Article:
Multilingualism and the ability to understand cultures helps in solving global crises such as climate change and military conflicts, said Obama administration official Mohamed Abdel-Kader May 10 as part of the Mario Einaudi Center for International Studies’ Distinguished Speakers Series.
Abdel-Kader, an Egyptian-American who speaks fluent Arabic and basic Spanish, said that although learning a foreign language is often considered a luxury, it is in fact a highly marketable skill in the modern job market.
“When I look at my career trajectory, there were certain flexion points where my language learning or my ability to understand ambiguity in a global context or my ability to understand a global issue really made a huge difference in my career,” said Abdel-Kader. He added that college students should prioritize studying abroad whether through a traditional or virtual experience.
According to Abdel-Kader, although roughly 1 in 5 American jobs are tied to international trade, 90 percent of Americans do not speak a second language. He said English speakers can benefit greatly by being multilingual despite the fact that many global business transactions are conducted in English. He then recalled an exchange with an Arabic speaker who spoke English but was nevertheless comforted to hear Abdel-Kader speak Arabic, adding that multilingualism helps international exchanges feel less “one-sided.”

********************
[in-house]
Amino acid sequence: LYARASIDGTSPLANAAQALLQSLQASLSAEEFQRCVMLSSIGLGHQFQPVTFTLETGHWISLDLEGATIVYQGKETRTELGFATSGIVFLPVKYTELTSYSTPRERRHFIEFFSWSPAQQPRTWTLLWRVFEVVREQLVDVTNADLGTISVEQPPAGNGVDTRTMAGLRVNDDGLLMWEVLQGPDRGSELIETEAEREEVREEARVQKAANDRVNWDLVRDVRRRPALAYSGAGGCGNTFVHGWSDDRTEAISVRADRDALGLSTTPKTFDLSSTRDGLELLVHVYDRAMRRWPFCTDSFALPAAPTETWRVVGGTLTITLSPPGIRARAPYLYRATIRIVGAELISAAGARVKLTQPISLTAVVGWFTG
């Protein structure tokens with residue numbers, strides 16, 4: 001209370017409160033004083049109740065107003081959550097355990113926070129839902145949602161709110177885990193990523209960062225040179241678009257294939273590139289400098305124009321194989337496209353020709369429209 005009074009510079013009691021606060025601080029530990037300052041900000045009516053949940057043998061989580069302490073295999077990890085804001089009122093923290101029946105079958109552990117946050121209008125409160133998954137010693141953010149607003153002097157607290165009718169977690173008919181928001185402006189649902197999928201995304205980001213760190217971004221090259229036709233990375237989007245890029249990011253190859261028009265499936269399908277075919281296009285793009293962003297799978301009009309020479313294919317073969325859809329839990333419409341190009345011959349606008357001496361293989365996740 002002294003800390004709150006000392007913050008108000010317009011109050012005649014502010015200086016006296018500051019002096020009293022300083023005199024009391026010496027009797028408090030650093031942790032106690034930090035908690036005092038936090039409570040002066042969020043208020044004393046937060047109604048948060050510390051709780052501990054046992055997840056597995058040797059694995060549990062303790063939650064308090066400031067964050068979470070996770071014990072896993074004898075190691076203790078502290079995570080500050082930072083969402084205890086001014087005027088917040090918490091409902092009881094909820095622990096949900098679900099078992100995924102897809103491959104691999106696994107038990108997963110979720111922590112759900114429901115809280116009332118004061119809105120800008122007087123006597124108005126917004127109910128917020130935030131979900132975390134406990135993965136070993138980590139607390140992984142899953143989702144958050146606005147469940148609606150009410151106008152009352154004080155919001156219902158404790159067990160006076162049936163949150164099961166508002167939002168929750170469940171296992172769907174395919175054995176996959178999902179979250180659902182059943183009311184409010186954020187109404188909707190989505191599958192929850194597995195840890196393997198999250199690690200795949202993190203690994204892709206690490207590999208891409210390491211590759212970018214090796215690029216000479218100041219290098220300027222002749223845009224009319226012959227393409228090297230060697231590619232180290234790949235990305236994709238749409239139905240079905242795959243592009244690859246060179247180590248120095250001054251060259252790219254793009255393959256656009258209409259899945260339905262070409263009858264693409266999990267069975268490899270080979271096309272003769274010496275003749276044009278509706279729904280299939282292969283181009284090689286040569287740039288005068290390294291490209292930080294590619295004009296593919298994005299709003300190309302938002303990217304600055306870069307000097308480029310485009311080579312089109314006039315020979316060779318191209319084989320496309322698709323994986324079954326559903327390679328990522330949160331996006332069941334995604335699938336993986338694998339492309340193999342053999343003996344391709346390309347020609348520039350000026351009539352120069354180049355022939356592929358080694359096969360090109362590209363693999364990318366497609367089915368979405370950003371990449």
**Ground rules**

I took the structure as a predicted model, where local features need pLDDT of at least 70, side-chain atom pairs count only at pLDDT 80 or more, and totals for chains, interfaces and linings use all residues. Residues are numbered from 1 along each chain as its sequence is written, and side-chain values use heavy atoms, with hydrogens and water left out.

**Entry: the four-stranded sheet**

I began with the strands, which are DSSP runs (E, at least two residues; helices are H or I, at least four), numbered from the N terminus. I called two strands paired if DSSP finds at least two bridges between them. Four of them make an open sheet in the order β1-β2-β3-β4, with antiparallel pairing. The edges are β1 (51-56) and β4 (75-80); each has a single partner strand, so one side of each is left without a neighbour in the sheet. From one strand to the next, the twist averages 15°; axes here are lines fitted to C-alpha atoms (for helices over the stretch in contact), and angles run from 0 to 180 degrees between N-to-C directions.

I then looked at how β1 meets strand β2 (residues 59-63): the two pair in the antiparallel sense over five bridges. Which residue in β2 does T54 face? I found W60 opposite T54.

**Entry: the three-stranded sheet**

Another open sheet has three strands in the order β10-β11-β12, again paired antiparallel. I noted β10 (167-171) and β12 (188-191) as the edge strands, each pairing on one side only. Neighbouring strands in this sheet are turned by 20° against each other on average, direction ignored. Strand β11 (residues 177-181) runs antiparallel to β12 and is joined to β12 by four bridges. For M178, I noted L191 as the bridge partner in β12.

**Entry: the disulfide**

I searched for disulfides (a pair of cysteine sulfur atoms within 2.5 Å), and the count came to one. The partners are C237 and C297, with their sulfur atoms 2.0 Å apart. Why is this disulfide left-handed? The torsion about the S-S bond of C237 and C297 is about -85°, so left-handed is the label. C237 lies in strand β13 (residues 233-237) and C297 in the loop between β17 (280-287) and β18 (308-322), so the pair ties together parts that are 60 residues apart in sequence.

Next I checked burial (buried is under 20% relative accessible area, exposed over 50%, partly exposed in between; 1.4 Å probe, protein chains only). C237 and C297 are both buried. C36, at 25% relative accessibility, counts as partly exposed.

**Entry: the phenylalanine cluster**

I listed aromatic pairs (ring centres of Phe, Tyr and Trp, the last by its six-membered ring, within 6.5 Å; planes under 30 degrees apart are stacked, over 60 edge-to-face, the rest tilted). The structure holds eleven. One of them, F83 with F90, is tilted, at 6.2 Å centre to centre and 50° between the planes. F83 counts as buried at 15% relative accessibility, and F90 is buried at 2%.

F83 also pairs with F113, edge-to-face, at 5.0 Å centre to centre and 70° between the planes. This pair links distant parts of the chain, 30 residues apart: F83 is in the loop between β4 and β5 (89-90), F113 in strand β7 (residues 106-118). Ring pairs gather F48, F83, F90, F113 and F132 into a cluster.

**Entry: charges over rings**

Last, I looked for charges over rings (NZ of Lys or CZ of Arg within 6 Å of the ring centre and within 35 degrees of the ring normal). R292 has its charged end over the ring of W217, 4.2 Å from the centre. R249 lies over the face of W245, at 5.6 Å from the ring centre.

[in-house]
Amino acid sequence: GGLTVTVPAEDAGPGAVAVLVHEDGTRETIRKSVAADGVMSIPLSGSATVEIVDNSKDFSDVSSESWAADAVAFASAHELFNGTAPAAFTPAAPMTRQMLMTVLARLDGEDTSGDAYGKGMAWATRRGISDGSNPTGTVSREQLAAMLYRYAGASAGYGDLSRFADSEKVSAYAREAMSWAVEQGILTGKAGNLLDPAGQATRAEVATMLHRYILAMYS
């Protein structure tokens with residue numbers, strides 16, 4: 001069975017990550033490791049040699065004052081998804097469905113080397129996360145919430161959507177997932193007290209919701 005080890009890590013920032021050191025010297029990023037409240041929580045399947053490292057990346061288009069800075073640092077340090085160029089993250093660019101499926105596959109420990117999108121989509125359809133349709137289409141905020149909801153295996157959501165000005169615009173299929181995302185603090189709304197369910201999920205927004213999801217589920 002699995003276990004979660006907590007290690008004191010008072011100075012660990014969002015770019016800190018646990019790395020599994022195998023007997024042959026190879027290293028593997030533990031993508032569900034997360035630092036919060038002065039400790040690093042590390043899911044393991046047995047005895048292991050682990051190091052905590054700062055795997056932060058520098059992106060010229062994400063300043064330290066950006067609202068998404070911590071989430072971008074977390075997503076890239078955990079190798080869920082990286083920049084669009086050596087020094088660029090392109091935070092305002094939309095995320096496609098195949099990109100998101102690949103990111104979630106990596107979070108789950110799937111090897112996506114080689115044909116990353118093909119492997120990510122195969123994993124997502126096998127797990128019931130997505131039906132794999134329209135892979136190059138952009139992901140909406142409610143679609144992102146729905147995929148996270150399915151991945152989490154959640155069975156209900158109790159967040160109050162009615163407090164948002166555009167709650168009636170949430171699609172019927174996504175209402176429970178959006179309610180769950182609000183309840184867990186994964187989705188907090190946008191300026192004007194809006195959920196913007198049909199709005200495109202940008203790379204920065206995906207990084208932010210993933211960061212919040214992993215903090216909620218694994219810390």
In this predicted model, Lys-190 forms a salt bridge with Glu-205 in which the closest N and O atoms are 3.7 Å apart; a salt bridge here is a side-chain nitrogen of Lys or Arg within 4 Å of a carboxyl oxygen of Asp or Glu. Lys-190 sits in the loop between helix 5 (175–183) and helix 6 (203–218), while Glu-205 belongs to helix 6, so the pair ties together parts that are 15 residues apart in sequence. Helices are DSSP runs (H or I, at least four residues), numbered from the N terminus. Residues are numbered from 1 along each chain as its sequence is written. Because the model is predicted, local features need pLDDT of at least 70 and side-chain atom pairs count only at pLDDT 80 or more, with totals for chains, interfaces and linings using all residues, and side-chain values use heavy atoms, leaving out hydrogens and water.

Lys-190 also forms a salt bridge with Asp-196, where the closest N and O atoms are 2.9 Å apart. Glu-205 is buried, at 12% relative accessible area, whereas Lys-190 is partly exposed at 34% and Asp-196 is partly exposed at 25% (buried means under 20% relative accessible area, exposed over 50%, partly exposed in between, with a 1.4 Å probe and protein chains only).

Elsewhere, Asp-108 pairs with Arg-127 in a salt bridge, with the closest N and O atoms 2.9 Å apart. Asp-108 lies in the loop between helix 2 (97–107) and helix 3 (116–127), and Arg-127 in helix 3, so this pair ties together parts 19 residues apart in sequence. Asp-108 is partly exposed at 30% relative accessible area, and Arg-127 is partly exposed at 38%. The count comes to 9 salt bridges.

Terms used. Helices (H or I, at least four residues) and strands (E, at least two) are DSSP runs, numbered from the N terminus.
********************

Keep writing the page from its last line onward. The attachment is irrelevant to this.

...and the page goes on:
Abdel-Kader worked for the U.S. Department of Education as deputy assistant secretary in the International and Foreign Language Education Office. He also worked as a development officer for international studies programs at Georgetown University and George Mason University, and said many such programs are under threat.
“Ever since the financial crisis, parents, students and administrators, everybody, is thinking about every single dollar that’s spent,” said Abdel-Kader, calling it “the new landscape” of learning post-financial crisis. He noted that foreign language programs, along with social studies and the arts, are often among the first programs to be cut in K-12 schools. This, he said, is a problem because it prevents students from receiving the language preparation they need to do well in college.
“If our middle schools and high schools are not exposing our students, are not preparing a pipeline for colleges and universities, there’s a disconnect,” he said.
This story also appeared in the Cornell Chronicle.